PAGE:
It is not clarified what the first two points mean. For example, one way to permit higher speeds in MBTA and Metro-North’s territories is to speed up the commuter trains, buying higher-performance trains and running them with more schedule discipline. Although by passenger standards this means the commuter rail service will have higher levels, from the perspective of the agencies this involves conceding turf and changing operating practices. In addition, increasing superelevation requires setting a minimum speed or running vehicles at cant excess (negative cant deficiency); while this is not a technical problem for commuter trains, traditional regulations are against it even outside the US, and it is a problem for freight trains. Speeding up freight trains is a solution, but could increase their operating costs, especially if they remain diesel-powered; this may or may not satisfy the second point in the bill.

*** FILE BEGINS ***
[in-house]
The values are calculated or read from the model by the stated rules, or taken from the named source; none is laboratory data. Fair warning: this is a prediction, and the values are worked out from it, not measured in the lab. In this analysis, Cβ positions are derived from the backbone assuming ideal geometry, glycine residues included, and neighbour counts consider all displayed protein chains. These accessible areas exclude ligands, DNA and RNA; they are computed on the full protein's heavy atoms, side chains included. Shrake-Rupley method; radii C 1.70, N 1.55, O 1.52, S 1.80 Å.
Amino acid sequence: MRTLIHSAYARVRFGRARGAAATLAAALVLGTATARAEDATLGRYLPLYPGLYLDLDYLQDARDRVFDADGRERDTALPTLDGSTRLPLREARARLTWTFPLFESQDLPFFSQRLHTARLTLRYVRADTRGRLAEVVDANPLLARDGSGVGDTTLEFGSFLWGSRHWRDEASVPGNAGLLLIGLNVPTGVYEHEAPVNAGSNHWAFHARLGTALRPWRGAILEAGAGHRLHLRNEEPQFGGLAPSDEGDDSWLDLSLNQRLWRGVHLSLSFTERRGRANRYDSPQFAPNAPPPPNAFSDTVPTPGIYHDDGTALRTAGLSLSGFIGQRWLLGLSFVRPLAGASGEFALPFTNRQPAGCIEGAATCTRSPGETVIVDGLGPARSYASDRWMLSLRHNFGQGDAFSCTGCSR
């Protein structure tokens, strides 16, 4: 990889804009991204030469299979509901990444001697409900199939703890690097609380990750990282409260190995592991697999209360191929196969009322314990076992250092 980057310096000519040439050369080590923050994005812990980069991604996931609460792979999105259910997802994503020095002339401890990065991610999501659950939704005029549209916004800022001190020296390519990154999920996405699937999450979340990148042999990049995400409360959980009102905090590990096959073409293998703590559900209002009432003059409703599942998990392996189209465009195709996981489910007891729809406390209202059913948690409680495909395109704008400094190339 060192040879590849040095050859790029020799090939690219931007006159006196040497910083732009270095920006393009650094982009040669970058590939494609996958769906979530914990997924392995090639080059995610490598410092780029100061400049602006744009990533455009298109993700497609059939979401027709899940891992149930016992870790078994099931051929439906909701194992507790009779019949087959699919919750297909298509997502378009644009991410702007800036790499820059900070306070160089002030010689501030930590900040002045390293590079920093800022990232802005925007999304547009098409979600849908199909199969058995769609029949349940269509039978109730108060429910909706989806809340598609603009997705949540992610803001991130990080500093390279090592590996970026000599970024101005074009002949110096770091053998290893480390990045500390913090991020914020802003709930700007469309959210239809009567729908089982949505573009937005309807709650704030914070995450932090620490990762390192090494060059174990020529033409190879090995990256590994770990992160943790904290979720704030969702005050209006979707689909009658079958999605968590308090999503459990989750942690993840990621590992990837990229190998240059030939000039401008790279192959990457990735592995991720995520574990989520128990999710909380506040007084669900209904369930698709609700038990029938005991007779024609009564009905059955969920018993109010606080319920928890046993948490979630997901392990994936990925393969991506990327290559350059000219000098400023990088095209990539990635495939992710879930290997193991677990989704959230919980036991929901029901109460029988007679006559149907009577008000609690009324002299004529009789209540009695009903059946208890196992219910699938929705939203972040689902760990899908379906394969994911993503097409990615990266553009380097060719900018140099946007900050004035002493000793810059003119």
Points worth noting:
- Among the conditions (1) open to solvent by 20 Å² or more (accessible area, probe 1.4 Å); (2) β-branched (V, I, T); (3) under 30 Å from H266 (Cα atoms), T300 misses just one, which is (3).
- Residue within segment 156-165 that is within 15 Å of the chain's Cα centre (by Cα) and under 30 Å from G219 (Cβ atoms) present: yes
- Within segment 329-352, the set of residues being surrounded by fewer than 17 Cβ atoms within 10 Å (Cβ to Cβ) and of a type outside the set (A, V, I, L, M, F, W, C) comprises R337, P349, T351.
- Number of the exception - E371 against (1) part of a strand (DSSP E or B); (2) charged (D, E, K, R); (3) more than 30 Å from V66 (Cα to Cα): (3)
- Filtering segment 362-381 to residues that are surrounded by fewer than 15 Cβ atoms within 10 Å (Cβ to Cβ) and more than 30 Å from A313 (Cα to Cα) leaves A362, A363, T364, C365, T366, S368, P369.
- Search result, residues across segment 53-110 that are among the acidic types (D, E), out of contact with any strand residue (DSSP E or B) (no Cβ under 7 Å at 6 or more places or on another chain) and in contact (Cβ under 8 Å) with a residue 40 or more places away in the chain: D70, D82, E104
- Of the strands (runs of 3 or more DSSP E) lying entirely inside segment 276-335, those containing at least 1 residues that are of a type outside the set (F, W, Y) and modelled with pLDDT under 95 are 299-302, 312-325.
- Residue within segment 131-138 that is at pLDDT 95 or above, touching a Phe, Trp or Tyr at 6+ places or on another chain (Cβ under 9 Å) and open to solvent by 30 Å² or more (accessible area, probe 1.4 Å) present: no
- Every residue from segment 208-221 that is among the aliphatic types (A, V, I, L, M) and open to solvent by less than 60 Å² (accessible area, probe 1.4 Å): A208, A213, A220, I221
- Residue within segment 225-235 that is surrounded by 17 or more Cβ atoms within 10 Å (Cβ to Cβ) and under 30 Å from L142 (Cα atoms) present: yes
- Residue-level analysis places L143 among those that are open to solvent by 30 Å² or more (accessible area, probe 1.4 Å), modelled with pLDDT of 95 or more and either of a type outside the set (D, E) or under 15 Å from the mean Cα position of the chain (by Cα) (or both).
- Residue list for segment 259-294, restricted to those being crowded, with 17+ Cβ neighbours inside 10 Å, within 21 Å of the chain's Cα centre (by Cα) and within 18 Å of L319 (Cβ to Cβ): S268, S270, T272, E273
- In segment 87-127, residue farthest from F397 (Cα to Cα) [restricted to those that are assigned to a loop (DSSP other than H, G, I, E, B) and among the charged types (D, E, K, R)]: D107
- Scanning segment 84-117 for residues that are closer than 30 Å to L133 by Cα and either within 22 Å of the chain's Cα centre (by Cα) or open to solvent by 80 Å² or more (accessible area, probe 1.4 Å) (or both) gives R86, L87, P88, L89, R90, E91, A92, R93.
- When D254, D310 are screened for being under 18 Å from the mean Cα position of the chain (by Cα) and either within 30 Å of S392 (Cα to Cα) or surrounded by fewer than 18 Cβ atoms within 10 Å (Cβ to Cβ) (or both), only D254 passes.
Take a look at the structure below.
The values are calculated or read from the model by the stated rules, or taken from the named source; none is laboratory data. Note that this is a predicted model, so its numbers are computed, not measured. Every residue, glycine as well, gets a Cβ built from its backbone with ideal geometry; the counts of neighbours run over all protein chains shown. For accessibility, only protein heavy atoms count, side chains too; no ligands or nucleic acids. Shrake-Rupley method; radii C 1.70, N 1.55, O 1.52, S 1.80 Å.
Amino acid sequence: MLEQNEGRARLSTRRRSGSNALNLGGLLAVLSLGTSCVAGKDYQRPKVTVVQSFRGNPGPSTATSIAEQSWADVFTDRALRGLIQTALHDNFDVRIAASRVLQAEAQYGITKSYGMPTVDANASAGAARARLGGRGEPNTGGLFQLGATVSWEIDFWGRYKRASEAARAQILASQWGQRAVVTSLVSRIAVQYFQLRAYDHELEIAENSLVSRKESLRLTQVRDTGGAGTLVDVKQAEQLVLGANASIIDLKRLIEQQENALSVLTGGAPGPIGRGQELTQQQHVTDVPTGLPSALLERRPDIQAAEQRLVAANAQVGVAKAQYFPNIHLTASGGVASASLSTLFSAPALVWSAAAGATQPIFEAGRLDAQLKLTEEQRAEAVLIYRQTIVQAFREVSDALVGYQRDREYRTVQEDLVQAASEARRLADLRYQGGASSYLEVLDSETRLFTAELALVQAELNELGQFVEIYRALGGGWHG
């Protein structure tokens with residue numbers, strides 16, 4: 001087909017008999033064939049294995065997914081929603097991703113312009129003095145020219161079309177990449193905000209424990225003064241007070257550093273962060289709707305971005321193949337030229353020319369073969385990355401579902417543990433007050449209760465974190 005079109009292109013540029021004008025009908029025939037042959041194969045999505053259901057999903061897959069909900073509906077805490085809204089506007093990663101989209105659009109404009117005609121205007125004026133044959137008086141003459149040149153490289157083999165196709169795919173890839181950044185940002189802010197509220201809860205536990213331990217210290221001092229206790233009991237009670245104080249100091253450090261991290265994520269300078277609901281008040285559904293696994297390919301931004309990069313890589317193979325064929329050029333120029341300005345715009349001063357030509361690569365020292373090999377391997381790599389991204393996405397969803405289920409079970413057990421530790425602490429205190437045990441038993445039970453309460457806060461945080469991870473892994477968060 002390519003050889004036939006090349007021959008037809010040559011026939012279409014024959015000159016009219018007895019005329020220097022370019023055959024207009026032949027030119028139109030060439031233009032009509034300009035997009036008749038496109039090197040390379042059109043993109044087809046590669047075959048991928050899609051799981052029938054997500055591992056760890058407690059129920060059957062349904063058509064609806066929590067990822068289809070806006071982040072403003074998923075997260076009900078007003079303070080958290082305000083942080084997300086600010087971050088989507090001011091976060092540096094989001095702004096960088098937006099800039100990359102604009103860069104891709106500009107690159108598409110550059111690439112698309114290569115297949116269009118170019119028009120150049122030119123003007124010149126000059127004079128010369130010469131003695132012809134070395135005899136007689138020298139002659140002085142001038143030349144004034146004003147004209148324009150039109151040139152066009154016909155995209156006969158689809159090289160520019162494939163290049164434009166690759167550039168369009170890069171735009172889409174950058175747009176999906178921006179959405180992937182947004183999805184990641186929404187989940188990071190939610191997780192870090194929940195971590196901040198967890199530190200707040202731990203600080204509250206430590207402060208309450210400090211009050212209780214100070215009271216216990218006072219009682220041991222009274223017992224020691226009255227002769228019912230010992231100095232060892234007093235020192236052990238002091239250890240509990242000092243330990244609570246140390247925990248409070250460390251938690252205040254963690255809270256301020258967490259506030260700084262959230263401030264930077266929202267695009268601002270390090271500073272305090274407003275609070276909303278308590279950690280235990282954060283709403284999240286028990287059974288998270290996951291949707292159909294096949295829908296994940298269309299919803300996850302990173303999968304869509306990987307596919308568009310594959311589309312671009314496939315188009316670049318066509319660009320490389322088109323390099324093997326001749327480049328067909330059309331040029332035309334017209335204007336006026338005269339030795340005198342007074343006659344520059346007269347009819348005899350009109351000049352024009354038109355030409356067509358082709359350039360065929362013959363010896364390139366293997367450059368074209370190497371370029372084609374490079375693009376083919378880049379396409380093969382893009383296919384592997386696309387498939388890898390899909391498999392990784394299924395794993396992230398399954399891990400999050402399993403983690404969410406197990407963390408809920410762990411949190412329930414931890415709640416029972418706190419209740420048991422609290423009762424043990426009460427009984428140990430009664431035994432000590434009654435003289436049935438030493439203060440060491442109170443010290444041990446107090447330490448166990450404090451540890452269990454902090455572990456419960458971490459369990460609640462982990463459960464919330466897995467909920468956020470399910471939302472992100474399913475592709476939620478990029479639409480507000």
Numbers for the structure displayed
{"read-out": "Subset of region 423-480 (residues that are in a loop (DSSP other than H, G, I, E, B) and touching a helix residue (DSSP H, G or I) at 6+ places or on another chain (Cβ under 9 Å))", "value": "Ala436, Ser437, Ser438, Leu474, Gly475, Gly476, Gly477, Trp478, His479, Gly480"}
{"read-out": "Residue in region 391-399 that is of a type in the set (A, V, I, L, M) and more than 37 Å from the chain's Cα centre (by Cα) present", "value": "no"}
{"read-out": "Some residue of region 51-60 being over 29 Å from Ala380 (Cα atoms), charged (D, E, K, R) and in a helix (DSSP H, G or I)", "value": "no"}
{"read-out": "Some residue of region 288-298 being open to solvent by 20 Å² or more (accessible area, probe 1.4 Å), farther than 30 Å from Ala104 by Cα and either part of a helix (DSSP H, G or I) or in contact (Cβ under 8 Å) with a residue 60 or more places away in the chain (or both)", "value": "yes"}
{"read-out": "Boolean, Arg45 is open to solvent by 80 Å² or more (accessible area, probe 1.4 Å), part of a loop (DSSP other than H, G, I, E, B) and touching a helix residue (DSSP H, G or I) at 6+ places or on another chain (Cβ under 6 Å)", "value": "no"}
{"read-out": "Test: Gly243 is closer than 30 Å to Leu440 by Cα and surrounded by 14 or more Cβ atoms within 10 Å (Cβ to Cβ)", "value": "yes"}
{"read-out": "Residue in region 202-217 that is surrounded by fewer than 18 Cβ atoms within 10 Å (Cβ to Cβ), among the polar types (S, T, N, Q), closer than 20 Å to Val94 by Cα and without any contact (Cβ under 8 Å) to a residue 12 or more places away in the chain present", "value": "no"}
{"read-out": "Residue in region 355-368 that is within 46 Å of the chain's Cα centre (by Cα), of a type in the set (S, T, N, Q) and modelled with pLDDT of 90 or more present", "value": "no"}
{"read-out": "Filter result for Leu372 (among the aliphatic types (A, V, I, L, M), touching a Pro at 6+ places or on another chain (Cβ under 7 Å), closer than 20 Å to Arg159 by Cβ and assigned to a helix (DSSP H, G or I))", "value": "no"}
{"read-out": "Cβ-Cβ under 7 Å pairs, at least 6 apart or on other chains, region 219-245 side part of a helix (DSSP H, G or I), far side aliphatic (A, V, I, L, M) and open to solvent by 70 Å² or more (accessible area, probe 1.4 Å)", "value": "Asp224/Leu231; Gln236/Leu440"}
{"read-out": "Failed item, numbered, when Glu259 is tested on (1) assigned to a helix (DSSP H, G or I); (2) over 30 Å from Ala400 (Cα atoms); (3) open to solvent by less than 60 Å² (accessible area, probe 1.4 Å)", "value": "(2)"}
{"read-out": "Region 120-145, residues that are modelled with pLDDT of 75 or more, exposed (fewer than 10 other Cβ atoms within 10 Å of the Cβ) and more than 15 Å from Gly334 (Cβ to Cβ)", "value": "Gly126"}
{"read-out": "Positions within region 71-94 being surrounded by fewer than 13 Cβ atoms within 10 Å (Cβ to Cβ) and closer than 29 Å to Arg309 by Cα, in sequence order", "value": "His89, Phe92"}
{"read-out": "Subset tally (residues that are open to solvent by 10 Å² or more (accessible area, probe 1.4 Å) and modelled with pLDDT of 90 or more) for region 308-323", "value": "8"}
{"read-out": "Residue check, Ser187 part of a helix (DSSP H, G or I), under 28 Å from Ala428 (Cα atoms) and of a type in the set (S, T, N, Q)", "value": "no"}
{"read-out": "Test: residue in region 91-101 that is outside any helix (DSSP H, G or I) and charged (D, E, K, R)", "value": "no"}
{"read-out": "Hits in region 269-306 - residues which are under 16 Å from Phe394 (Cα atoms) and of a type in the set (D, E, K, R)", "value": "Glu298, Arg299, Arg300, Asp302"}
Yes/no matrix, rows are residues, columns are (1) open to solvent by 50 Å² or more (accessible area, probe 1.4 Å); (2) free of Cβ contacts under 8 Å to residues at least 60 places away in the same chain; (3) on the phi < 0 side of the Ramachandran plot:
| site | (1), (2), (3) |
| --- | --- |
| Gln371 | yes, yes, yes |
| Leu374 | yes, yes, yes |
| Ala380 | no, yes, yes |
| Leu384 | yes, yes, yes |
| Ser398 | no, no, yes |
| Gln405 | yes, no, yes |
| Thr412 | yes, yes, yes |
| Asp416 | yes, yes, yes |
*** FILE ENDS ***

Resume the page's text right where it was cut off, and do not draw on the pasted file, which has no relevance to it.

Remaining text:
In the absence of FRA reform, it would be difficult and expensive to achieve significant improvements; together with commuter rail agency turf, it bears some responsibility to the $117 billion cost of Amtrak’s Next-Generation High-Speed Rail plan, which has drawn criticism from many good transit activists.
In the presence of FRA reform and a rule requiring the commuter railroads to give access if required, the standards set in the bill are not very ambitious. The advertised timetable calls for an average speed of 180 km/h between New York and Washington, at the lower end of high-speed rail, and 145 km/h between New York and Boston, at the upper end of upgraded legacy rail. Existing high-acceleration or high-cant deficiency trains could achieve this on legacy tracks, with some upgrades. With small curve modifications (including an increase in superelevation, which could complicate matters for freight trains) an off-the-shelf Pendolino could run at 160-200 km/h even on the curvy Shore Line in Connecticut; south of New York, few curves would limit speeds to less than 200 km/h, and those are either relatively easy to fix or located near urban stations where speed would be low anyway.